5.1 Ablation Study at the System Level

We analyze the performance of our discourse-based metric DR-lex at the system level. We use DR-lex instead of DR, as it exhibits the most competitive performance, and incorporates both lexical and discourse information. We selected system-level evaluation because the metric is much more stable and accurate at the system level than at the segment level.

In our ablation experiments we contrast the original DR-lex metric, computed over full RST trees, to variations of the same, where the discourse trees have less information. When removing a particular element, we replace the corresponding labels by a dummy tag (*). We have the following ablation conditions, which are illustrated in Figure 6:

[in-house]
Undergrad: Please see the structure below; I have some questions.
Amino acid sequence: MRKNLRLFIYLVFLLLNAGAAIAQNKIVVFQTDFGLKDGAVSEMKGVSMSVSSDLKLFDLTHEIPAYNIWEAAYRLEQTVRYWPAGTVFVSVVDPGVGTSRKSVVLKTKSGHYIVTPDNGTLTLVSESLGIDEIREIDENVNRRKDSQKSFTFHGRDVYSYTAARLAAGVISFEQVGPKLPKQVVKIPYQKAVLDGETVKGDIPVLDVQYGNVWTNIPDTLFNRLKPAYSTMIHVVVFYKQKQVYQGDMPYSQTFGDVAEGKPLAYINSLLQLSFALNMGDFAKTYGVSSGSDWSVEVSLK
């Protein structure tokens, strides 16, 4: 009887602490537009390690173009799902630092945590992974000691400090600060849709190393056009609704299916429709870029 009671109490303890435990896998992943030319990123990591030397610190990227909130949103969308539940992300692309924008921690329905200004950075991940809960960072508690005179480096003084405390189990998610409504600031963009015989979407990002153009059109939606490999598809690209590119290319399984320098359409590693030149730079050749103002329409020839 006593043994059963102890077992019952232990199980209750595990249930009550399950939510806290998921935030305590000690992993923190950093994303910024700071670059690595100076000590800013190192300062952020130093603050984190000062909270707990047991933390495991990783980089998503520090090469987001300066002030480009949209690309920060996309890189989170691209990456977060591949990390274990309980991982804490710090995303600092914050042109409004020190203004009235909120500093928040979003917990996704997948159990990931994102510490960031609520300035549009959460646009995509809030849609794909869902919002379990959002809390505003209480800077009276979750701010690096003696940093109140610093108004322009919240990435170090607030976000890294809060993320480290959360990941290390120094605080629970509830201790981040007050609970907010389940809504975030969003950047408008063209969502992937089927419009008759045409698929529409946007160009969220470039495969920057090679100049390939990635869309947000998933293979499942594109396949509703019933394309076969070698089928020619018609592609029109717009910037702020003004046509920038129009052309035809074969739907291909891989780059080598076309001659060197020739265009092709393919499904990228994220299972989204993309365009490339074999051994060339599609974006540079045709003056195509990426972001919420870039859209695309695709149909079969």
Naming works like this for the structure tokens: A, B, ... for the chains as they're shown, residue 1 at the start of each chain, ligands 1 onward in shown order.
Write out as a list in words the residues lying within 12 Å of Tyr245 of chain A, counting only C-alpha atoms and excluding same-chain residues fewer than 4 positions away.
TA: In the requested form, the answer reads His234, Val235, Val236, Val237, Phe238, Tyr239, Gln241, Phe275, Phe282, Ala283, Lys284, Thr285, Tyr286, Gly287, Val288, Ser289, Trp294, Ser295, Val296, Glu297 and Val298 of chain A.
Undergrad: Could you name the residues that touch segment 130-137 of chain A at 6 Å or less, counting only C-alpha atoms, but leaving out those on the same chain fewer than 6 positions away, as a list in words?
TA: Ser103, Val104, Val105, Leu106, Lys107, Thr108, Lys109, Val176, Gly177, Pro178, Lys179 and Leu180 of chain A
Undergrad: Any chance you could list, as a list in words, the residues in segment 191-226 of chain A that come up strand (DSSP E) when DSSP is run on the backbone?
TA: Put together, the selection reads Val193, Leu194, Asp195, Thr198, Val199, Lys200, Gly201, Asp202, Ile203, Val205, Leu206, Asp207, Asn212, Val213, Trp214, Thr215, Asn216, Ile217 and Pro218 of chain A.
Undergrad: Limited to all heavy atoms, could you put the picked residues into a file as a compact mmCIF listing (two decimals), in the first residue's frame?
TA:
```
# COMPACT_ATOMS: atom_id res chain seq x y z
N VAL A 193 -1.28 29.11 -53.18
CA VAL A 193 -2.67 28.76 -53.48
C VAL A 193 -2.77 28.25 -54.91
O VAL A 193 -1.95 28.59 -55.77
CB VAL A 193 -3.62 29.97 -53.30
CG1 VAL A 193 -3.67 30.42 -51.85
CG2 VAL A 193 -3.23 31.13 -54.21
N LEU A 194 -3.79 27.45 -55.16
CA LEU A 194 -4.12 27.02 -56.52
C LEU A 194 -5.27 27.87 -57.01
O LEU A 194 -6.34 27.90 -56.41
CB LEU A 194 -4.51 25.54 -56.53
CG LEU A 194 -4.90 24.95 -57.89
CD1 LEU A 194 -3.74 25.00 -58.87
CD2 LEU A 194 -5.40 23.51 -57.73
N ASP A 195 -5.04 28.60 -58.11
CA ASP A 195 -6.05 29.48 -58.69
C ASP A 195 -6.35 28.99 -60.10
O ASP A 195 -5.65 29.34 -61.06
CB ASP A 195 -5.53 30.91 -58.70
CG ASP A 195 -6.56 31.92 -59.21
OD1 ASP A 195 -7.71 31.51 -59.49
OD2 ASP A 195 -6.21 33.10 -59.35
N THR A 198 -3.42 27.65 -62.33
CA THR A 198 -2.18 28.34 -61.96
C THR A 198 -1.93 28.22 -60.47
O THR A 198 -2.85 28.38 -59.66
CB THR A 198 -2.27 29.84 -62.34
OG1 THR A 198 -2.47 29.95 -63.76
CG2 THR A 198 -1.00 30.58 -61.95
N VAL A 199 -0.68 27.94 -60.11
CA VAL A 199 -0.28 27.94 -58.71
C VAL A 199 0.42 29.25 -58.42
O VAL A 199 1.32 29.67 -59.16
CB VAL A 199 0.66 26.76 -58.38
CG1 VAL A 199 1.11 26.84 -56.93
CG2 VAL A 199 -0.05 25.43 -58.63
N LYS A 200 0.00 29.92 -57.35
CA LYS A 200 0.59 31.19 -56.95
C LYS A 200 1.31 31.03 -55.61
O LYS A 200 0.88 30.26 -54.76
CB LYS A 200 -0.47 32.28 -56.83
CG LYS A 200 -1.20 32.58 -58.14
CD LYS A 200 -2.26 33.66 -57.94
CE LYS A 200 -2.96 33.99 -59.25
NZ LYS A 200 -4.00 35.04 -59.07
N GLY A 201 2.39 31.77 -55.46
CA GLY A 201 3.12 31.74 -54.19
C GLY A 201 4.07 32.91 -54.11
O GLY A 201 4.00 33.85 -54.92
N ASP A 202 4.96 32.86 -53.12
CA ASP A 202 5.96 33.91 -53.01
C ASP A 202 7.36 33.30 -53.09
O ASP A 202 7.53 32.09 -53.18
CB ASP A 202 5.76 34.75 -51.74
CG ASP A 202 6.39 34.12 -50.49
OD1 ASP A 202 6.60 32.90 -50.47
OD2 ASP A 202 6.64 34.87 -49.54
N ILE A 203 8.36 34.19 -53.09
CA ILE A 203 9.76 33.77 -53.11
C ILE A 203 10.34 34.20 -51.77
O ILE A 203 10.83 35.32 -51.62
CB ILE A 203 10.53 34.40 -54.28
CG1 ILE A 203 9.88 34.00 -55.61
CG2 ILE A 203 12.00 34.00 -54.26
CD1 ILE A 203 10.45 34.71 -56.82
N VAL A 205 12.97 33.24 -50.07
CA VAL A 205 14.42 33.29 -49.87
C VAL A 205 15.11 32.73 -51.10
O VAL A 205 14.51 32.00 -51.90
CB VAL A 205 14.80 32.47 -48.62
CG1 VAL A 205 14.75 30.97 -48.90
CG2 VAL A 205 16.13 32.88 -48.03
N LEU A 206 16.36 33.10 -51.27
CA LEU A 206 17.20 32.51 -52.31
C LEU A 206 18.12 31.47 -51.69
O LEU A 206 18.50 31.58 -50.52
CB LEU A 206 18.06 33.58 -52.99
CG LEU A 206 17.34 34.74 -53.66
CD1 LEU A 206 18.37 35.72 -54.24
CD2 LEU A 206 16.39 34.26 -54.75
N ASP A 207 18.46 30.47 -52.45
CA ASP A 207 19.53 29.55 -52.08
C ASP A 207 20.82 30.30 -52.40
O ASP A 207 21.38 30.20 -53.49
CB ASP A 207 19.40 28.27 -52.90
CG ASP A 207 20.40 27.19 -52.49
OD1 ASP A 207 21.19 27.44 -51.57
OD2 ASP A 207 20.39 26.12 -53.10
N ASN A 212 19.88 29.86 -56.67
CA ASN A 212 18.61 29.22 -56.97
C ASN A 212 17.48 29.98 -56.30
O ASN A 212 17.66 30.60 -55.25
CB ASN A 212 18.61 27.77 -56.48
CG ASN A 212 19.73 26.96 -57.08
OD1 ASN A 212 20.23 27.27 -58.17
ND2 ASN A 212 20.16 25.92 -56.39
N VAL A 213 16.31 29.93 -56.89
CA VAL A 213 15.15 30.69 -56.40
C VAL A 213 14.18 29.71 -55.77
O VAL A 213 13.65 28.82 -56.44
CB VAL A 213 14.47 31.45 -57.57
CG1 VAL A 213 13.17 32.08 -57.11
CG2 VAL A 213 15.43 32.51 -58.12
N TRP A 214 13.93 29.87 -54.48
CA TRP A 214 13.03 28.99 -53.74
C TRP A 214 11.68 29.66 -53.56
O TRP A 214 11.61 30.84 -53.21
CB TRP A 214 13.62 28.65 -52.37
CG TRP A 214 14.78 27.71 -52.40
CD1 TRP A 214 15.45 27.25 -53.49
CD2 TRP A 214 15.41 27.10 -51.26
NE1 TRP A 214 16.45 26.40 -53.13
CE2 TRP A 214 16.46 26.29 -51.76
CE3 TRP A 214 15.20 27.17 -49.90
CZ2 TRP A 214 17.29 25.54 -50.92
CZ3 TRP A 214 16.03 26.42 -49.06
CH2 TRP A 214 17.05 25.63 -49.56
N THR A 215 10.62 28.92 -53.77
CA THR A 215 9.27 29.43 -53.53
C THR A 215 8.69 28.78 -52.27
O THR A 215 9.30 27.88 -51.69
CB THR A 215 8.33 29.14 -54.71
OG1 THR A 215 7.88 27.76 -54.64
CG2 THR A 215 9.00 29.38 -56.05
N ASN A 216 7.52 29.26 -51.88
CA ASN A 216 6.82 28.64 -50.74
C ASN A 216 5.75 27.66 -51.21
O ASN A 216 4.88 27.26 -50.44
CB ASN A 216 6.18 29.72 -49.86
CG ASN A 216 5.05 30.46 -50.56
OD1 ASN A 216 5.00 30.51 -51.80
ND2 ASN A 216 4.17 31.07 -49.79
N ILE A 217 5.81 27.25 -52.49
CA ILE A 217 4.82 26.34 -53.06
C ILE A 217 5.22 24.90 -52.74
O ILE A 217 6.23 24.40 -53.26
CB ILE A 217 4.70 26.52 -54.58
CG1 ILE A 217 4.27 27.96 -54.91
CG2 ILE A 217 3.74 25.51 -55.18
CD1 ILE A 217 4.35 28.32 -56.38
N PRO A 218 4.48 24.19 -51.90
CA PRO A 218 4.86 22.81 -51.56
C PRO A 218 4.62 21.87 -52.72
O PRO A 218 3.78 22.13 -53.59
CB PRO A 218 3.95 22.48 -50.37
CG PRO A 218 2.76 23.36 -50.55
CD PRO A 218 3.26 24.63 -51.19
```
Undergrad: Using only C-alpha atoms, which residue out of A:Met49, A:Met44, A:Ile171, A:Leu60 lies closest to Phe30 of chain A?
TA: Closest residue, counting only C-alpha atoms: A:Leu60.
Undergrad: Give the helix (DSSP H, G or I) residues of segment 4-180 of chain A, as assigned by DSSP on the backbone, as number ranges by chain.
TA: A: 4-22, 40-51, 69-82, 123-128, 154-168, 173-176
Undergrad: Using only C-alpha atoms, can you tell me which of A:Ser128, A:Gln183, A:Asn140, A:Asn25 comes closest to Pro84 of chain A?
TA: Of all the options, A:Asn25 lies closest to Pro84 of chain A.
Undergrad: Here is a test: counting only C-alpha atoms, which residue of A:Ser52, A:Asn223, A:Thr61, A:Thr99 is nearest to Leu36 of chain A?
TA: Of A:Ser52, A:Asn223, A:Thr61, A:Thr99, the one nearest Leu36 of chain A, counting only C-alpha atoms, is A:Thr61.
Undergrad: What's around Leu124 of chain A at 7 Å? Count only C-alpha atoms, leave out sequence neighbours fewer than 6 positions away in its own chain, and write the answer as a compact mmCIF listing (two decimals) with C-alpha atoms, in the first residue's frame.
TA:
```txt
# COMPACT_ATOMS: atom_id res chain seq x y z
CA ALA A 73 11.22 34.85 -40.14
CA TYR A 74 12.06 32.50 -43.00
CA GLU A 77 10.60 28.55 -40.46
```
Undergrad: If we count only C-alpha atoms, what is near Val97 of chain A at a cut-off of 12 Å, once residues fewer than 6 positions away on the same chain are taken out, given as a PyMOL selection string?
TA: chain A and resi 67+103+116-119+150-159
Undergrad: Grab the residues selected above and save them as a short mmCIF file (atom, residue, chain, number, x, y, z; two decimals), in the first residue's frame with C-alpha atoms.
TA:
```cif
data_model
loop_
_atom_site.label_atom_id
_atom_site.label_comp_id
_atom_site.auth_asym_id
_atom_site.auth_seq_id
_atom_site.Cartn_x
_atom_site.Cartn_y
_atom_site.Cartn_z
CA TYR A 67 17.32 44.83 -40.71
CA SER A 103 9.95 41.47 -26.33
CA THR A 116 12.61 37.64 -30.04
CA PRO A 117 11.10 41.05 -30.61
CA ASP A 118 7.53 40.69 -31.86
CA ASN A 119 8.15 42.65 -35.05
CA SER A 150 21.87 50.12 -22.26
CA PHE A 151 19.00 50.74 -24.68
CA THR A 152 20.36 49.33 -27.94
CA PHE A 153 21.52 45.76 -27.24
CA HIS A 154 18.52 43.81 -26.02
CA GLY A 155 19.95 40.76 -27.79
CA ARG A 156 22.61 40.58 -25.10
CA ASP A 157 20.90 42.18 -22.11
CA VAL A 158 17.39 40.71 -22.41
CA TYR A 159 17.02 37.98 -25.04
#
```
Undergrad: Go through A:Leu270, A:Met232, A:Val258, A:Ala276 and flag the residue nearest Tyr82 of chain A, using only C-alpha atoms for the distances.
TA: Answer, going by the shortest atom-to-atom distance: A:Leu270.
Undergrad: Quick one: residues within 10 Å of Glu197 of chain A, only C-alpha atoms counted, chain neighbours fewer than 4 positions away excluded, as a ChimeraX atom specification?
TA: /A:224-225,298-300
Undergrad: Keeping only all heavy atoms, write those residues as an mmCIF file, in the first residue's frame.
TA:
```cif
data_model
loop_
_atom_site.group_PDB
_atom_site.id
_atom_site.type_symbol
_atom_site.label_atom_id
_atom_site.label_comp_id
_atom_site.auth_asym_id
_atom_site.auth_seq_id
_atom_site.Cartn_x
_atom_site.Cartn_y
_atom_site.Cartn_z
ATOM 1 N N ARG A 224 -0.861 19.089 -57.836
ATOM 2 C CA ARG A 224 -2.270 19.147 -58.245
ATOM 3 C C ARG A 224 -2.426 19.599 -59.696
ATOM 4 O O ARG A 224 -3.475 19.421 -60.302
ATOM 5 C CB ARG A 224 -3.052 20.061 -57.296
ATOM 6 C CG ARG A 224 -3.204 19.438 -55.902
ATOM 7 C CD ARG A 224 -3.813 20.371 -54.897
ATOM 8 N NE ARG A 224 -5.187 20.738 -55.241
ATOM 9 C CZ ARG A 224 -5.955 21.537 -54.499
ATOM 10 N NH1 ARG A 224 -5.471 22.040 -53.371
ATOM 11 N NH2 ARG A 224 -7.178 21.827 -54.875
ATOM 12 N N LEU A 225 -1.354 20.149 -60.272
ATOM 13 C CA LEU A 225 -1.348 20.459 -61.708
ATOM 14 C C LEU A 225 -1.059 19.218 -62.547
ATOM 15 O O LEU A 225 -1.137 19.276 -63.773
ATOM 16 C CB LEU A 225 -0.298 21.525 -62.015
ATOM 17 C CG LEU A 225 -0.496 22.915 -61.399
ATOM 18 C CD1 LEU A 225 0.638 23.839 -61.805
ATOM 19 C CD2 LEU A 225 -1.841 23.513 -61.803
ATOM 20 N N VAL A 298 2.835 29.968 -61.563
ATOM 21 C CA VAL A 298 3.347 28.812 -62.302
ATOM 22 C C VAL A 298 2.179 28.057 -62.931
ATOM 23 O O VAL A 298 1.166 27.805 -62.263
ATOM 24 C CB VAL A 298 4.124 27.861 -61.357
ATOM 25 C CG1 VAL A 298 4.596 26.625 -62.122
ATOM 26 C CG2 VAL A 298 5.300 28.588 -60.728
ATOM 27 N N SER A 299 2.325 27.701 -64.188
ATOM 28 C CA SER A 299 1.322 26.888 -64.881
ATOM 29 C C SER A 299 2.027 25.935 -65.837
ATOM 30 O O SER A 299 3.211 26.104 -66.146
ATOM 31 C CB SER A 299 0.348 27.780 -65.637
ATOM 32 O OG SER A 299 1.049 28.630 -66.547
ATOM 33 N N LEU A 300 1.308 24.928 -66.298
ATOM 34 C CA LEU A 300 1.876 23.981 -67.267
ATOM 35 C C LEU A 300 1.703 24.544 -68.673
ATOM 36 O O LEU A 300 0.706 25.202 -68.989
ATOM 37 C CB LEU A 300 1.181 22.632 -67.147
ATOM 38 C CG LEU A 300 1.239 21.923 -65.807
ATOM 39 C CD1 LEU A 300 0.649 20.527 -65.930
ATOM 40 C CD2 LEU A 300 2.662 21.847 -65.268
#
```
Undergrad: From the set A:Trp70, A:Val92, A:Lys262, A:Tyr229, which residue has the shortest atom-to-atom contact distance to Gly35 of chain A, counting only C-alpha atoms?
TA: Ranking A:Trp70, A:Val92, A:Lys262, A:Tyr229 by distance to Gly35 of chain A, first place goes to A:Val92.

• 1. 

    Full: Original DR-lex metric with the full (labeled) RST tree structure.

  • 2. 

    No discourse relations: We replace all relation labels (Attribution, Elaboration, etc.) in the tree by a dummy tag.

  • 3. 

    No nuclearity: We replace all the nuclearity statuses (i.e., Nucleus, Satellite), by a dummy tag.

  • 4. 

    No relation and no nuclearity tags: We replace both the relation and the nuclearity labels by dummy tags. This leaves the discourse structure (i.e., the skeleton of the tree) along with the lexical items.

  • 5. 

    No discourse structure: We remove all the discourse structure, and we only leave the lexical information. Under this representation, the evaluation metric corresponds to unigram lexical matching.

Figure 6